Member of Parliament for Kanye North, Thapelo Letsholo has cautioned Government against excessive borrowing and poorly managed debt levels.
He was speaking in Parliament on Tuesday delivering Parliament’s Finance Committee report after assessing a motion that sought to raise Government Bond program ceiling to P30 billion, a big jump from the initial P15 Billion.
Government Investment Account (GIA) which forms part of the Pula fund has been significantly drawn down to finance Botswana’s budget deficits since 2008/09 Global financial crises.
The 2009 global economic recession triggered the collapse of financial markets in the United States, sending waves of shock across world economies, eroding business sentiment, and causing financiers of trade to excise heightened caution and hold onto their cash.
The ripple effects of this economic catastrophe were mostly felt by low to middle income resource based economies, amplifying their vulnerability to external shocks. The diamond industry which forms the gist of Botswana’s economic make up collapsed to zero trade levels across the entire value chain.
The Upstream, where Botswana gathers much of its diamond revenue was adversely impacted by muted demand in the Midstream. The situation was exacerbated by zero appetite of polished goods by jewelry manufacturers and retail outlets due to lowered tail end consumer demand.
This resulted in sharp decline of Government revenue, ballooned budget deficits and suspension of some developmental projects. To finance the deficit and some prioritized national development projects, government had to dip into cash balances, foreign reserves and borrow both externally and locally.
Much of drawing was from Government Investment Account as opposed to drawing from foreign reserve component of the Pula Fund; the latter was spared as a fiscal buffer for the worst rainy days.
Consequently this resulted in significant decline in funds held in the Government Investment Account (GIA). The account serves as Government’s main savings depository and fund for national policy objectives.
However as the world emerged from the 2009 recession government revenue graph picked up to pre recession levels before going down again around 2016/17 owing to challenges in the diamond industry.
Due to a number of budget surpluses from 2012/13 financial year the Government Investment Account started expanding back to P30 billion levels before a series of budget deficits in the National Development Plan 11 pushed it back to decline a decline wave.
When the National Development Plan 11 commenced three (3) financial years ago, government announced that the first half of the NDP would run at budget deficits.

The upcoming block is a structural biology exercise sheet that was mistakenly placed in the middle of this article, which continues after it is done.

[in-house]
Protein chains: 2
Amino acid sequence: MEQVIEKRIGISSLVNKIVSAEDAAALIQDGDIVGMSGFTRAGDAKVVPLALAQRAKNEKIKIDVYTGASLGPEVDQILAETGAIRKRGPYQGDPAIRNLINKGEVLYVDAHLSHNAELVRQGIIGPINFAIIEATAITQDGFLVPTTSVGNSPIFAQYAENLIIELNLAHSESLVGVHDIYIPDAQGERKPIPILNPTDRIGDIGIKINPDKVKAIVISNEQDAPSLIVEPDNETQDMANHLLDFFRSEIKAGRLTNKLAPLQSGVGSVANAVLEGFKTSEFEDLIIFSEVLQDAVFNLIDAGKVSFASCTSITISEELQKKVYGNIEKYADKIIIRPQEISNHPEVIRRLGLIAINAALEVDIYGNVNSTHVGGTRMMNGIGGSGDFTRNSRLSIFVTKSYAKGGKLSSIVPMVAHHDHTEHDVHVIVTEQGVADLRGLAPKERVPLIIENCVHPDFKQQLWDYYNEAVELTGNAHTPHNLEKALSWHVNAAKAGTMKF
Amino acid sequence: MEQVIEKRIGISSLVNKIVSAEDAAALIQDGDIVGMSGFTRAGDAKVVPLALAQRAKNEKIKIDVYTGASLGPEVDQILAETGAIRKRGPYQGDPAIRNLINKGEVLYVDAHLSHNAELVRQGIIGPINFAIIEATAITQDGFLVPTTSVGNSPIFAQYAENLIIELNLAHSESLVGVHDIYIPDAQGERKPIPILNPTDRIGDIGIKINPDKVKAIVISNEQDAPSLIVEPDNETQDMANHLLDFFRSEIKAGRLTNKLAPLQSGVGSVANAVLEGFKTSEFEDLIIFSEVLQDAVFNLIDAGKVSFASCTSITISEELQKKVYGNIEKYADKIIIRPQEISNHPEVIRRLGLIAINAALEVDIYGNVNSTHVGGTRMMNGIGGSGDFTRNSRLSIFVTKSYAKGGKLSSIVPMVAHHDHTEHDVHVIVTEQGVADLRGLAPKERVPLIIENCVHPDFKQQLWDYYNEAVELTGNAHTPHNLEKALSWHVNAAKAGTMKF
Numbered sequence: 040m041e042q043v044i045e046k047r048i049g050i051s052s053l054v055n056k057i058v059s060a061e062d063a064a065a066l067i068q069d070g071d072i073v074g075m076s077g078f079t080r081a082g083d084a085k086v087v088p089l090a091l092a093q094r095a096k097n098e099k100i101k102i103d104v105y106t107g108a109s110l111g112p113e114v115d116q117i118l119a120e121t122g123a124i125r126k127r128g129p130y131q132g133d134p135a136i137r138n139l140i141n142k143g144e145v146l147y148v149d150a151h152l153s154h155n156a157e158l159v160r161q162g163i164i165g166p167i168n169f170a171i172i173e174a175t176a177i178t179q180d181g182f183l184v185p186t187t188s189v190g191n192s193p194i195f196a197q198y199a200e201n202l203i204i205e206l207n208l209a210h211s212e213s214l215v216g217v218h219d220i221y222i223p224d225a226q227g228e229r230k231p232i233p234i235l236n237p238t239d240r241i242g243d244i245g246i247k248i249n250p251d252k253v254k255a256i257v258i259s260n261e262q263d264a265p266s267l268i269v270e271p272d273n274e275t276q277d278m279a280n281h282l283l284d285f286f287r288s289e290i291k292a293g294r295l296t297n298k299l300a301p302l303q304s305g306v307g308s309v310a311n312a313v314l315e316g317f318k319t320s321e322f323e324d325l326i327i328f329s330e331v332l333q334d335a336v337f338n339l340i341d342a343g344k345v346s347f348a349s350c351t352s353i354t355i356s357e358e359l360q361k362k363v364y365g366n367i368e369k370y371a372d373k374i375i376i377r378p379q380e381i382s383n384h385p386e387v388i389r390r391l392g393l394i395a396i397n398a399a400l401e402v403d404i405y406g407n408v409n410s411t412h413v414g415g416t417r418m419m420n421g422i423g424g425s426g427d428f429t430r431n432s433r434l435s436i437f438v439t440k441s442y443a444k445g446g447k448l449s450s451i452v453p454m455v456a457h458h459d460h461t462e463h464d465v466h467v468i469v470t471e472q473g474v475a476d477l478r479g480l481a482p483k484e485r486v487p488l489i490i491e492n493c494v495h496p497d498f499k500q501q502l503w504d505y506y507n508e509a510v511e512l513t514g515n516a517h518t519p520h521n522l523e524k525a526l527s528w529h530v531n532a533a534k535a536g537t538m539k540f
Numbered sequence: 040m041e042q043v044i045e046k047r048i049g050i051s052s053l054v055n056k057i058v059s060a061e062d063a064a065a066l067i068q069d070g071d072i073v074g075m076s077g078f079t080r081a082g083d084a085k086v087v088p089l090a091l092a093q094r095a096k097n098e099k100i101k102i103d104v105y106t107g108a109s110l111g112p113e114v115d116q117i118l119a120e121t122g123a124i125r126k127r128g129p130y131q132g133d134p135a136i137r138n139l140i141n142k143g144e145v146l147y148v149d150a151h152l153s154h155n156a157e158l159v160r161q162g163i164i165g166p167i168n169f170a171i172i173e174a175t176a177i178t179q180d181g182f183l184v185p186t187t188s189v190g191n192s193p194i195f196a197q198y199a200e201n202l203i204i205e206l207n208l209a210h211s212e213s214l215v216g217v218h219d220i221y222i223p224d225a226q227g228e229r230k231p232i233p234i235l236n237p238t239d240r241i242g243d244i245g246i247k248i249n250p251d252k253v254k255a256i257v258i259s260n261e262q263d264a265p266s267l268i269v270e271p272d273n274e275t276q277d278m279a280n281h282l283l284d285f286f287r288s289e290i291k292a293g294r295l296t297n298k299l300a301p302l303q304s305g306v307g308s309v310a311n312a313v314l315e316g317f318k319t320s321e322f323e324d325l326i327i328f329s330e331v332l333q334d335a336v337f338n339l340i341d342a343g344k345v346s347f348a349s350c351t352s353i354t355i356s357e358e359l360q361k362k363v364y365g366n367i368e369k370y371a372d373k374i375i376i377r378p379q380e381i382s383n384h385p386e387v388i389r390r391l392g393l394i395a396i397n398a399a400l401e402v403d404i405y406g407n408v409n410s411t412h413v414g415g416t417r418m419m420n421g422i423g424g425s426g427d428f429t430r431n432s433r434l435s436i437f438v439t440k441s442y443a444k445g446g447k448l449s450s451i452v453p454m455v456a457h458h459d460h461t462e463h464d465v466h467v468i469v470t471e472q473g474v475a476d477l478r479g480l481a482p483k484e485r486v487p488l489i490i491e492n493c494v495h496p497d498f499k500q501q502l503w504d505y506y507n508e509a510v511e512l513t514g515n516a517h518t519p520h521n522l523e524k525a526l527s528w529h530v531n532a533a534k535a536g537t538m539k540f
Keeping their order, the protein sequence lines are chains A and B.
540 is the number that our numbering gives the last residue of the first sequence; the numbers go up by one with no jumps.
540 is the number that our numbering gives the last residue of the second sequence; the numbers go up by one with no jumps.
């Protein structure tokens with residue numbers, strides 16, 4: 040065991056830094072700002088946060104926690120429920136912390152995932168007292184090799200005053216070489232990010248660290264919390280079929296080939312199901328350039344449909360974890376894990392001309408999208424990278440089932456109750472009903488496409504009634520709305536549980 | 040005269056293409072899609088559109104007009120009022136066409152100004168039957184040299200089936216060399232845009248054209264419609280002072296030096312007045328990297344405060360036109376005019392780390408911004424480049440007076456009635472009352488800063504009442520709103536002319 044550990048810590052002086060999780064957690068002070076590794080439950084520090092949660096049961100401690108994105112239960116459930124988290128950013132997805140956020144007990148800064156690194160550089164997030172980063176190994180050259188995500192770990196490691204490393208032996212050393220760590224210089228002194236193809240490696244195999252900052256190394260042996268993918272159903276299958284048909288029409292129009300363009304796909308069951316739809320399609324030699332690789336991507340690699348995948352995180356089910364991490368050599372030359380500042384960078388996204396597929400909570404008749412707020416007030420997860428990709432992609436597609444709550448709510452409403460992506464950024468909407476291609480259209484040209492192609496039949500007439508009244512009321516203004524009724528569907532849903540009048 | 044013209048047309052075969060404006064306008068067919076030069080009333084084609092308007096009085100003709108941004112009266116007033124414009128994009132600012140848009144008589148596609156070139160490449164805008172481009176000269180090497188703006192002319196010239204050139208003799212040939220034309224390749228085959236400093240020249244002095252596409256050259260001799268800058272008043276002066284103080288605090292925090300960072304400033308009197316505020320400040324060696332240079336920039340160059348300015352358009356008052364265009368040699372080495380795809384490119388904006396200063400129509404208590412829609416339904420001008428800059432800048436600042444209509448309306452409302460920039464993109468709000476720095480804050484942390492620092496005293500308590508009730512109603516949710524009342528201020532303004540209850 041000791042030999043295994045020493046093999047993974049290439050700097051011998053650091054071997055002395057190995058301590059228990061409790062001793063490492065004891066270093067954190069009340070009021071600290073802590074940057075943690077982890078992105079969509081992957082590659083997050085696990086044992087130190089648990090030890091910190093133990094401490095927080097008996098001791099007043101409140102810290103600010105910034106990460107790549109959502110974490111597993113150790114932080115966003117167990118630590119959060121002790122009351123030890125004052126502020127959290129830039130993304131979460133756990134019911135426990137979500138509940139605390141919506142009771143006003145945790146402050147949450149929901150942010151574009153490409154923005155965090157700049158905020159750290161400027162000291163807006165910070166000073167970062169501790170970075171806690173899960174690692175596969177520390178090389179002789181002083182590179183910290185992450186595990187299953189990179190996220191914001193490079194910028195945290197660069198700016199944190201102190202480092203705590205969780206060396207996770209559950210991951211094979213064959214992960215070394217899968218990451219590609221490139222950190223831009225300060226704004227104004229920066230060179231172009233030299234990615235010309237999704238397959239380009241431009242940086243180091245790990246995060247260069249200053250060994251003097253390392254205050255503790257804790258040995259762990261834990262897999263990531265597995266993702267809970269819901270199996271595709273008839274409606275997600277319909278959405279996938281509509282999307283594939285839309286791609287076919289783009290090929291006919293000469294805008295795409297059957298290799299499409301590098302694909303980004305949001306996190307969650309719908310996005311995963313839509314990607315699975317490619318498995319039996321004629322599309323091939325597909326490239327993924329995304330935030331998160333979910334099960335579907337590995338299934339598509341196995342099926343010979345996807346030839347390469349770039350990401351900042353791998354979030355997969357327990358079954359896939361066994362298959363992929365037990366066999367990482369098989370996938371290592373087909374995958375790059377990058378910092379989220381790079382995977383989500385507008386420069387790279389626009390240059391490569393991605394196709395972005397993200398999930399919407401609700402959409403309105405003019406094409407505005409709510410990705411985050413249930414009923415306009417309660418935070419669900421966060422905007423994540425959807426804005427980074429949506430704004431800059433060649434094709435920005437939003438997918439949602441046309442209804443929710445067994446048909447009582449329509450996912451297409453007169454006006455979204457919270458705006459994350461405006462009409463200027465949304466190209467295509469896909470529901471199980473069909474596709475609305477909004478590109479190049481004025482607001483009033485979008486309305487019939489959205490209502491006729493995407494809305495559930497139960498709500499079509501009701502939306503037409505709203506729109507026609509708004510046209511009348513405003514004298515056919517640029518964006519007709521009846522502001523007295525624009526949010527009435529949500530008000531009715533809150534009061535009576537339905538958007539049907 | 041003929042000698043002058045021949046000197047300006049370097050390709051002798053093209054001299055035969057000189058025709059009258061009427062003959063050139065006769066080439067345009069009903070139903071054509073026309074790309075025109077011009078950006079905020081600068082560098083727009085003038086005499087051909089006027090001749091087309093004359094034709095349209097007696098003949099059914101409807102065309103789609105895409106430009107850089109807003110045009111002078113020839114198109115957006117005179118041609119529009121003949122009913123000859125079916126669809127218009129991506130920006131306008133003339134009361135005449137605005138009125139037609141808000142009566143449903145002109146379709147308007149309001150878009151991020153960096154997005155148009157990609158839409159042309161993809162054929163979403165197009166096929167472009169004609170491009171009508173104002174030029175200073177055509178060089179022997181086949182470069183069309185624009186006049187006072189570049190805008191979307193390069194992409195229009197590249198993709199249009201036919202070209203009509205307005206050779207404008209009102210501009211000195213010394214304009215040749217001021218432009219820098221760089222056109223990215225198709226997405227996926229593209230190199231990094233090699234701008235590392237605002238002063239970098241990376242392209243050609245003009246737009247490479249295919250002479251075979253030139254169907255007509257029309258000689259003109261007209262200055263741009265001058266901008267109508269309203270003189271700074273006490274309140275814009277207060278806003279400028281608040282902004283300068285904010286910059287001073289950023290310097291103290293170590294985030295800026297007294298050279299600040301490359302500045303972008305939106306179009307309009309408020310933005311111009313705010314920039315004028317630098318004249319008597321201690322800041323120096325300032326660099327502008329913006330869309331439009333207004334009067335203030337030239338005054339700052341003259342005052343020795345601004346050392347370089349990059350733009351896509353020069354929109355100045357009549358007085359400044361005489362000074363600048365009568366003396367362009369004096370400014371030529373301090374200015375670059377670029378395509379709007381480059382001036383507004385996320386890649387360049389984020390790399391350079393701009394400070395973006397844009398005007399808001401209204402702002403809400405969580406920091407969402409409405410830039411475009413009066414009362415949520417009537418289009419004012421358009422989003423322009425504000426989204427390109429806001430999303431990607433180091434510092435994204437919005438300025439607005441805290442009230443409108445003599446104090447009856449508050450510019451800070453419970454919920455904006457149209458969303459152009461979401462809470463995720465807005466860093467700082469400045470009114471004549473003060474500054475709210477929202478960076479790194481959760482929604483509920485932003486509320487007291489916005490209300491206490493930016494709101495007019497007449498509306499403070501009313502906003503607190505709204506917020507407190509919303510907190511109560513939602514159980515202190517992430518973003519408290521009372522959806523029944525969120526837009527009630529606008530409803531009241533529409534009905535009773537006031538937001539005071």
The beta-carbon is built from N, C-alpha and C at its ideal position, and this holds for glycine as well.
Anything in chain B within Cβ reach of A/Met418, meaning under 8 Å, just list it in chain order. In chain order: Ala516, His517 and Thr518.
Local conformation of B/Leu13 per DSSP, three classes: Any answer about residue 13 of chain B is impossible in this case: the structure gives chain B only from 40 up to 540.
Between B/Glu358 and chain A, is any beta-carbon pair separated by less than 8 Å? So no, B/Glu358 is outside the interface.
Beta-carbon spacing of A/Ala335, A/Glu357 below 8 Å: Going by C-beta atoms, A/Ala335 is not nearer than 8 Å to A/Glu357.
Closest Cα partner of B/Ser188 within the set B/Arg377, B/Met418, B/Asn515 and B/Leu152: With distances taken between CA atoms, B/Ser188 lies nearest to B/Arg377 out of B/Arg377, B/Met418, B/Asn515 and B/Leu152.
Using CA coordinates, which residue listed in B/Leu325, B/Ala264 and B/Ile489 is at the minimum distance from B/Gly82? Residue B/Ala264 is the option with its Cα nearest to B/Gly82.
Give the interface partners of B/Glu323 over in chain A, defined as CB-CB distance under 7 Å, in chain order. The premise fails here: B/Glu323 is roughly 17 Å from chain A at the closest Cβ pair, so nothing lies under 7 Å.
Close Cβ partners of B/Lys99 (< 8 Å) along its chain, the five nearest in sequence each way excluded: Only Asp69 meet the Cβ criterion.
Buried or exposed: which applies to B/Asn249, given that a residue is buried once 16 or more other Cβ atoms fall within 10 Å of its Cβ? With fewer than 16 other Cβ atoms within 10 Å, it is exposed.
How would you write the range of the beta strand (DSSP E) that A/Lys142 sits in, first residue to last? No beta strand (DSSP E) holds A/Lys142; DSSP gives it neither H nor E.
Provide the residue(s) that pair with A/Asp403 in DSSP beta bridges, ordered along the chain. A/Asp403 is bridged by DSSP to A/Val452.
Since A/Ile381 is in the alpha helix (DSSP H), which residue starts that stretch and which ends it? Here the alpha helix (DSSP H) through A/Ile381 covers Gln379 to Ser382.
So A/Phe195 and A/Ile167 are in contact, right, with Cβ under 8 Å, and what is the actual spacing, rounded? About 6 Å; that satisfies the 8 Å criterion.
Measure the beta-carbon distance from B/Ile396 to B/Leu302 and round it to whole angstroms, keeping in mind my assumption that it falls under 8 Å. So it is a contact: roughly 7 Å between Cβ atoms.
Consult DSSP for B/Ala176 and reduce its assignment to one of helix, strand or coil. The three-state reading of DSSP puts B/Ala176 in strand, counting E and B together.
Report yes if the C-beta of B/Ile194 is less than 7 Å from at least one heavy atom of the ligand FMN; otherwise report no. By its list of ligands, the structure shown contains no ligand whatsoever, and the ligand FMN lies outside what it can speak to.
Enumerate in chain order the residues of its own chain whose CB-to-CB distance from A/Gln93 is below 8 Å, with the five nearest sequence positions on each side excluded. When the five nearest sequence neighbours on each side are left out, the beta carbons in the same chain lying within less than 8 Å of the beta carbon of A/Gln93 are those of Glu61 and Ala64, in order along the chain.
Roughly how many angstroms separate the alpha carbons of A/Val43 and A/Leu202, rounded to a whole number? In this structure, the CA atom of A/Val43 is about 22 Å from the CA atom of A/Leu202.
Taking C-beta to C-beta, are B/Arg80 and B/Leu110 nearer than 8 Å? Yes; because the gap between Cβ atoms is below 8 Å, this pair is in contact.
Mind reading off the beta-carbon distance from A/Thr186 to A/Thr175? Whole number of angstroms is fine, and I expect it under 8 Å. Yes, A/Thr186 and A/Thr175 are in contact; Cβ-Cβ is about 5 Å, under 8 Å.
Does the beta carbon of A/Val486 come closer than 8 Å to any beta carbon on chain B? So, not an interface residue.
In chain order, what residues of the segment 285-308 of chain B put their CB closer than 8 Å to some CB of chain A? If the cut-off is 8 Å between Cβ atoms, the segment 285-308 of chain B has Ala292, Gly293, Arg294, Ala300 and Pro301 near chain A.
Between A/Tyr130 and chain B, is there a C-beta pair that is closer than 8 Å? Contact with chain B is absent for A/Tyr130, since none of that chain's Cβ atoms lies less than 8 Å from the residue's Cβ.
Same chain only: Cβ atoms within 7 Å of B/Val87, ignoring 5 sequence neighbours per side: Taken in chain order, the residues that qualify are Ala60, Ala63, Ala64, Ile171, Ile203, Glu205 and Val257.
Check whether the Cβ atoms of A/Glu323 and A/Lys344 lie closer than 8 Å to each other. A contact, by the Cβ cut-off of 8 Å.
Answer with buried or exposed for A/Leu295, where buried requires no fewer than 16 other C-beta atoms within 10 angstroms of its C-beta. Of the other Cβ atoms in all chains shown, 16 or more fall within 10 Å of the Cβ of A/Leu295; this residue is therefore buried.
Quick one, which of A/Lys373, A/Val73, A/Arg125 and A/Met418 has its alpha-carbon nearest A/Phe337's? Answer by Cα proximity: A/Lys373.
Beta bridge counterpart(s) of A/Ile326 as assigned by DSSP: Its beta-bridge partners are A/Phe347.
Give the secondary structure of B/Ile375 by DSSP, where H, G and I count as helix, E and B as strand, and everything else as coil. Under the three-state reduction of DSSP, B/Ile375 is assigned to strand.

This as explained by Minister of Finance in 2017 would be occasioned by decline in diamond revenue mainly due to government forfeiting some of its dividend from Debswana to fund mine expansion projects.
Cumulatively since 2017/18 to 2019/20 financial year the budget deficit totaled to over P16 billion, of which was financed by both external and domestic borrowing and drawing down from government cash balances. Drawing down from government cash balances meant significant withdrawals from the Government Investment Account.
The Government Investment Account (GIA) was established in accordance with Section 35 of the Bank of Botswana Act Cap. 55:01. The Account represents Government’s share of the Botswana‘s foreign exchange reserves, its investment and management strategies are aligned to the Bank of Botswana’s foreign exchange reserves management and investment guidelines.
Government Investment Account, comprises of Pula denominated deposits at the Bank of Botswana and held in the Pula Fund, which is the long-term investment tranche of the foreign exchange reserves.
In June 2017 while answering a question from Bogolo Kenewendo, the then Minister of Finance & Economic Development Kenneth Mathambo told parliament that as of June 30, 2017, the total assets in the Pula Fund was P56.818 billion, of which the balance in the GIA was P30.832 billion.
Kenewendo was still a back bench specially elected Member of Parliament before ascending to cabinet post in 2018. Last week Minister of Finance & Economic Development, Dr Thapelo Matsheka, when presenting a motion to raise government local borrowing ceiling from P15 billion to P30 Billion told parliament that as of December 2019 Government Investment Account amounted to P18.3 billion.
Dr Matsheka further told parliament that prior to financial crisis of 2008/9 the account amounted to P30.5 billion (41 % of GDP) in December of 2008 while as at December 2019 it stood at P18.3 billion (only 9 % of GDP) mirroring a total decline by P11 billion in the entire 11 years.
Back in 2017 Parliament was also told that the Government Investment Account may be drawn-down or added to, in line with actuations in the Government’s expenditure and revenue outturns. “This is intended to provide the Government with appropriate funds to execute its functions and responsibilities effectively and efficiently” said Mathambo, then Minister of Finance.
Acknowledging the need to draw down from GIA no more, current Minister of Finance Dr Matsheka said “It is under this background that it would be advisable to avoid excessive draw down from this account to preserve it as a financial buffer”
He further cautioned “The danger with substantially reduced financial buffers is that when an economic shock occurs or a disaster descends upon us and adversely affects our economy it becomes very difficult for the country to manage such a shock”